In an effort to ease discomfort for amputees, engineers at the University of Washington have developed a device engineered to track how much a limb swells and shrinks when inside a prosthetic socket. The researchers are reportedly testing the device by asking patients to execute a routine that encompasses sitting, standing, and walking as the device records fluid changes.
The data is then transmitted wirelessly to a tablet that displays changes in the patient’s limb size about 15 times a second. The device is designed to measure the percent increase or decrease of fluid volume in a patient’s limb by receiving data from small electrodes placed in different locations on the leg. Researchers say that instrument electronics can be worn in a fanny pack and include a circuit board intended to calculate the fluid volume change in the leg tissues, transmitting data wirelessly to a computer or storing it on the device.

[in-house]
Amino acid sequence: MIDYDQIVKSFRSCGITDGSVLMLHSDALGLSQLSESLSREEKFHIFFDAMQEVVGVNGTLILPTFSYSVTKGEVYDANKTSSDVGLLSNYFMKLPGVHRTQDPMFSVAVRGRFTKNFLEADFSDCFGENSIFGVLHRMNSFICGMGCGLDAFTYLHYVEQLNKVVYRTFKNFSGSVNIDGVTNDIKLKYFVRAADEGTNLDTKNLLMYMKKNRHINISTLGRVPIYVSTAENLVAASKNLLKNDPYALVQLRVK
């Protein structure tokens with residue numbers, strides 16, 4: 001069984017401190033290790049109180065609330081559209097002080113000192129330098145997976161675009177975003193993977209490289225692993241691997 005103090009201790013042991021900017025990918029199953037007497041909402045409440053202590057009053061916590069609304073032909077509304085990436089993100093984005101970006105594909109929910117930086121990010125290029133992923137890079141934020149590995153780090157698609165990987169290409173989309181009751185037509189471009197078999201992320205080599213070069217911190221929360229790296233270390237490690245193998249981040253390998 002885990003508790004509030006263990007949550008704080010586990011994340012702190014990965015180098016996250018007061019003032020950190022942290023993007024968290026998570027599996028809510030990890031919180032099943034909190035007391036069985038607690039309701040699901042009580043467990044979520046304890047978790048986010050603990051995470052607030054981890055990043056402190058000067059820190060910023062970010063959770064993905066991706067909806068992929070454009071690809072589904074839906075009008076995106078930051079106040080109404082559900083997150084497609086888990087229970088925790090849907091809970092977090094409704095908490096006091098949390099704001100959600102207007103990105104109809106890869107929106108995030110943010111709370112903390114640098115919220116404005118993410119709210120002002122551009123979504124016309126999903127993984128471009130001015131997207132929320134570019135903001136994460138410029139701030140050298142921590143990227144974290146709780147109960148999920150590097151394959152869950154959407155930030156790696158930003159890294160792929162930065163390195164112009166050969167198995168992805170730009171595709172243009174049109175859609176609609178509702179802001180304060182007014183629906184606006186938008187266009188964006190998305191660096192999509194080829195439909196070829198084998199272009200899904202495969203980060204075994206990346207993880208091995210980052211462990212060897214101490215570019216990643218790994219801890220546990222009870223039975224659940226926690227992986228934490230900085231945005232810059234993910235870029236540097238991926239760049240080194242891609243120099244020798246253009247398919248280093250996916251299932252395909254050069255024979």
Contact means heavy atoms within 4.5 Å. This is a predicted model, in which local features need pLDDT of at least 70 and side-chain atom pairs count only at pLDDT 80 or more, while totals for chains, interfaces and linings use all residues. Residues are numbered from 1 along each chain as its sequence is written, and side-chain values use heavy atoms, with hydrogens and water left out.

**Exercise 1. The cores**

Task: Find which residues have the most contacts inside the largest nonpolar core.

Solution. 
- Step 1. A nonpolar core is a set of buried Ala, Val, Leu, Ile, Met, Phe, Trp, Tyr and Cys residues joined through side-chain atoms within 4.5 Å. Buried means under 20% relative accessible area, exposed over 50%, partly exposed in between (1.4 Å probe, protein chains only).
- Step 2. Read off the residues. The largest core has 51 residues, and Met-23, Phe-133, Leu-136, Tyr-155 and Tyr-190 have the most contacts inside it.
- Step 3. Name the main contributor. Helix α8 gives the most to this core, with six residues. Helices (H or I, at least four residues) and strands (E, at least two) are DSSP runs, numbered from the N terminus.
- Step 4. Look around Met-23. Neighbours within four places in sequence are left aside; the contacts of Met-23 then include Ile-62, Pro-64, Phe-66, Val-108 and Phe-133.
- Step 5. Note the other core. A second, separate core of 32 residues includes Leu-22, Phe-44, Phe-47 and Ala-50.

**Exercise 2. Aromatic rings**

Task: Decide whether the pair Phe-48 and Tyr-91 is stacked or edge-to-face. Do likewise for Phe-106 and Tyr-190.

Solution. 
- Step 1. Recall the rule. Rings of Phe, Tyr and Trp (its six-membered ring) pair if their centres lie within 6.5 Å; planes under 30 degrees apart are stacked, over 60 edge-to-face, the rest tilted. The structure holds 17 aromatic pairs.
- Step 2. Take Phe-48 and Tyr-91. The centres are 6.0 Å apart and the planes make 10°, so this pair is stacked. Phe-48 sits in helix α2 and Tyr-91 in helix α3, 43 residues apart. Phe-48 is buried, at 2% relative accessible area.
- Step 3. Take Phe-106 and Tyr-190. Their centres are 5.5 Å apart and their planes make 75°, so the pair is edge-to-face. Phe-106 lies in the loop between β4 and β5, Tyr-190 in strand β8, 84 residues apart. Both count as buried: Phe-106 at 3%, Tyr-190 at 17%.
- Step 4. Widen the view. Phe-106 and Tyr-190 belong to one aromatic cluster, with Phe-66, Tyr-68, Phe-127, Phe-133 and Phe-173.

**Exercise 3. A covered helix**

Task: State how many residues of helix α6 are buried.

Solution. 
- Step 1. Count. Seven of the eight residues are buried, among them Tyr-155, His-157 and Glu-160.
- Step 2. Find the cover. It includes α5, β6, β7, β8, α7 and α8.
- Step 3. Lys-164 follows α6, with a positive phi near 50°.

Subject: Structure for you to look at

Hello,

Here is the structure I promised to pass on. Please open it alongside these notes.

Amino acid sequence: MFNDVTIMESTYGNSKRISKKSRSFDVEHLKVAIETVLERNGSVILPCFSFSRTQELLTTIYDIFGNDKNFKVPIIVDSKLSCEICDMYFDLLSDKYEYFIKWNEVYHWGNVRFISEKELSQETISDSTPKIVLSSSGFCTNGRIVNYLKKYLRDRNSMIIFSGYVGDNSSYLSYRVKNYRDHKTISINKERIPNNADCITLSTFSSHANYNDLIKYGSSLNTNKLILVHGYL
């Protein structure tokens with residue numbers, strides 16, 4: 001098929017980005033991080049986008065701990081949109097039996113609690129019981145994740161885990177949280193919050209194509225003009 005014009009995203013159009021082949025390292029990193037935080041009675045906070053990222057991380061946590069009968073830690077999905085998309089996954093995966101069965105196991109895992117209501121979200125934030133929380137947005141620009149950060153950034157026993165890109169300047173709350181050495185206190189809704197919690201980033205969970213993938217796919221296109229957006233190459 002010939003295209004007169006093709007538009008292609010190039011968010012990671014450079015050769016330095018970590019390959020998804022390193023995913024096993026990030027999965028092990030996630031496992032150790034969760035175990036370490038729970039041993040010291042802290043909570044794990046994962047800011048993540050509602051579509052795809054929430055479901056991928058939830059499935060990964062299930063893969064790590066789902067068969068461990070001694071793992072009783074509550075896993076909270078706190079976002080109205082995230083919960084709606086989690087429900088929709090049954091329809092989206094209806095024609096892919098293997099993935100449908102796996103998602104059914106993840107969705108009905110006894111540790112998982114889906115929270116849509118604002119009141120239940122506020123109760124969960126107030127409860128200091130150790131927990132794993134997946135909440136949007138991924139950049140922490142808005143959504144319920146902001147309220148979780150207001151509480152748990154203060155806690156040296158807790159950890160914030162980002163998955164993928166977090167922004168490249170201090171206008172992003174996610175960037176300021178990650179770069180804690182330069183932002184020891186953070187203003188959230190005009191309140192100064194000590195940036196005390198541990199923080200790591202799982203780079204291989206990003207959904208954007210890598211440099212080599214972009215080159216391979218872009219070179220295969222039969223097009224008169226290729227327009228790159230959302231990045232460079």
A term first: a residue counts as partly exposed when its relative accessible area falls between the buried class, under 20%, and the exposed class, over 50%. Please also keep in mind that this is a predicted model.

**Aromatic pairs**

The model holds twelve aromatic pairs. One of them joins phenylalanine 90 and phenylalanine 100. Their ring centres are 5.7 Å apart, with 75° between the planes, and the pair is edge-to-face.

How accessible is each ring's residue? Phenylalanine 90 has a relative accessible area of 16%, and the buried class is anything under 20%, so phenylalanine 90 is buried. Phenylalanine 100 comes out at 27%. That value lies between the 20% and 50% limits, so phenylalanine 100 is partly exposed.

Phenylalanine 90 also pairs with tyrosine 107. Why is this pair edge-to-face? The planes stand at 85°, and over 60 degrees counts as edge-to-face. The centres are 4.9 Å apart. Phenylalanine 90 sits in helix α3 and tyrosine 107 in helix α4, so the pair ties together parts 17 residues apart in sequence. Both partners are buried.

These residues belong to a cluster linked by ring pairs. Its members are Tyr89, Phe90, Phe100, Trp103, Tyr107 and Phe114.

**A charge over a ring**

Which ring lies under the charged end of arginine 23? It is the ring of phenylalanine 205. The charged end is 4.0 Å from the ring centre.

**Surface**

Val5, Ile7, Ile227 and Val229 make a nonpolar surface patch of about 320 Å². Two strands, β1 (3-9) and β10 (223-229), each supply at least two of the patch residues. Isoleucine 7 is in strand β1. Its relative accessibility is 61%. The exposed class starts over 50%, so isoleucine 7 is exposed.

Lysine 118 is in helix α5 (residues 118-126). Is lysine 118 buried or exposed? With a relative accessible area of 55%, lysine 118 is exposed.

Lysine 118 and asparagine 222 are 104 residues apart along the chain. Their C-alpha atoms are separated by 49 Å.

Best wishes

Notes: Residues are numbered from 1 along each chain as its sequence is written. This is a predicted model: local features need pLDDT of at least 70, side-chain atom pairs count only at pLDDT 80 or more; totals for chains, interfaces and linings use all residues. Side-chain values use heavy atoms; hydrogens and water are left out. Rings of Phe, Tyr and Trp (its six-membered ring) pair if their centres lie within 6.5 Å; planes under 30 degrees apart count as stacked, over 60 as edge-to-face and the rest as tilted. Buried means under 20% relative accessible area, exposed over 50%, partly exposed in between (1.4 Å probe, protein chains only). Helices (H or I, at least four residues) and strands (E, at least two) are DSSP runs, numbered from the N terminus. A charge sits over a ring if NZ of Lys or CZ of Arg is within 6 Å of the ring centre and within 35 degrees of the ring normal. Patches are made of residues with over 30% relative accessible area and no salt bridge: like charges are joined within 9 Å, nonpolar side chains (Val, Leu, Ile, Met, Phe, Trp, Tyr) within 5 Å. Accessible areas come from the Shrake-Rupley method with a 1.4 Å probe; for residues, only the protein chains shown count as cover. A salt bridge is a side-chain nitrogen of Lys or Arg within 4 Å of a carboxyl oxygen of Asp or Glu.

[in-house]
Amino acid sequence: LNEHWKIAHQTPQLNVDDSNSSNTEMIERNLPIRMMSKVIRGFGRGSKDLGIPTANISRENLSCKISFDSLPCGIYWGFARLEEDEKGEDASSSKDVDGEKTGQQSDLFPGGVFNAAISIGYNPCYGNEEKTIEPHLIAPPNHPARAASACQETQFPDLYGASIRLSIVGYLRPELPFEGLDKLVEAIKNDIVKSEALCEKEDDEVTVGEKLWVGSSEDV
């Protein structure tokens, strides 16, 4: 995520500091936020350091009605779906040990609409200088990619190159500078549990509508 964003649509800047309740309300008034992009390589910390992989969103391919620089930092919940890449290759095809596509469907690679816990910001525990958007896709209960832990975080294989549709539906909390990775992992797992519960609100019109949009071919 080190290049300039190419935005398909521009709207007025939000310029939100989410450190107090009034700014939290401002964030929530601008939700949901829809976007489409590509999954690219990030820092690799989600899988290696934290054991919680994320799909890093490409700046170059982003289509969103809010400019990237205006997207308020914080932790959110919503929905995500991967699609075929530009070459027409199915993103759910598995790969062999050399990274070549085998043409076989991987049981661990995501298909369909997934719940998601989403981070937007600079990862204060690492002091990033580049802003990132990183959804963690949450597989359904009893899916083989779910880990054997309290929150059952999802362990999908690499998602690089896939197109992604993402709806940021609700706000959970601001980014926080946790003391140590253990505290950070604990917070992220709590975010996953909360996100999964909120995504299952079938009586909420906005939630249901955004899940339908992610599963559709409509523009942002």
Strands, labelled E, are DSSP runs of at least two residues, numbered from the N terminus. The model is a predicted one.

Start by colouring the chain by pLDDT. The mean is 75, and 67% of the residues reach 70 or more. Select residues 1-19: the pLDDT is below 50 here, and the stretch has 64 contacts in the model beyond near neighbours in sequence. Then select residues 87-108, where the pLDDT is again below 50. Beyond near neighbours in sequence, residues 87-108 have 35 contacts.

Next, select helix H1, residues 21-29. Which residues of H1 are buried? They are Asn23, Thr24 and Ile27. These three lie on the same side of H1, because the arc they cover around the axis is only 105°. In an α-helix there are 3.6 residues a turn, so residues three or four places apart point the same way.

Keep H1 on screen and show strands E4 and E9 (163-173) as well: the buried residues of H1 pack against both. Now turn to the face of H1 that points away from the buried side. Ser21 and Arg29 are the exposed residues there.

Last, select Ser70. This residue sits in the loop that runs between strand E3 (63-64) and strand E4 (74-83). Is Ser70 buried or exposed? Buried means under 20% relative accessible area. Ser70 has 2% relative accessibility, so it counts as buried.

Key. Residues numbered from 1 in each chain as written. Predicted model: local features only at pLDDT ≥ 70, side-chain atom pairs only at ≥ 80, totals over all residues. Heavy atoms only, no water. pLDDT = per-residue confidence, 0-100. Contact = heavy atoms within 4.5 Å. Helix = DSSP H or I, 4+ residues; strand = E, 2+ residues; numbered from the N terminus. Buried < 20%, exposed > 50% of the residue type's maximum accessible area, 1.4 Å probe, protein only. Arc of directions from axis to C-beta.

A larger prototype of the device was initially tested for 2 years. It has given way to a checkbook-sized portable version that researchers have taken to clinics in Seattle and San Francisco. The researchers note that in the long-term, they aim to build a smaller device that could work for a couple weeks or longer in order to monitor changes in their limb sizes during their daily routines.
The release states that this summer, the team will work with patients nationwide and in Canada using vacuum-suction technology to keep the residual limbs snug in the sockets and adjust the fit when tissues swell and shrink. The university adds that patients say the vacuum can assist in improving socket comfort and in reducing pain. However, the technology requires careful maintenance and may be disruptive when the noisy vacuum is turned on.
[Photo Credit: Mary Levin, University of Washington]
[Source: University of Washington]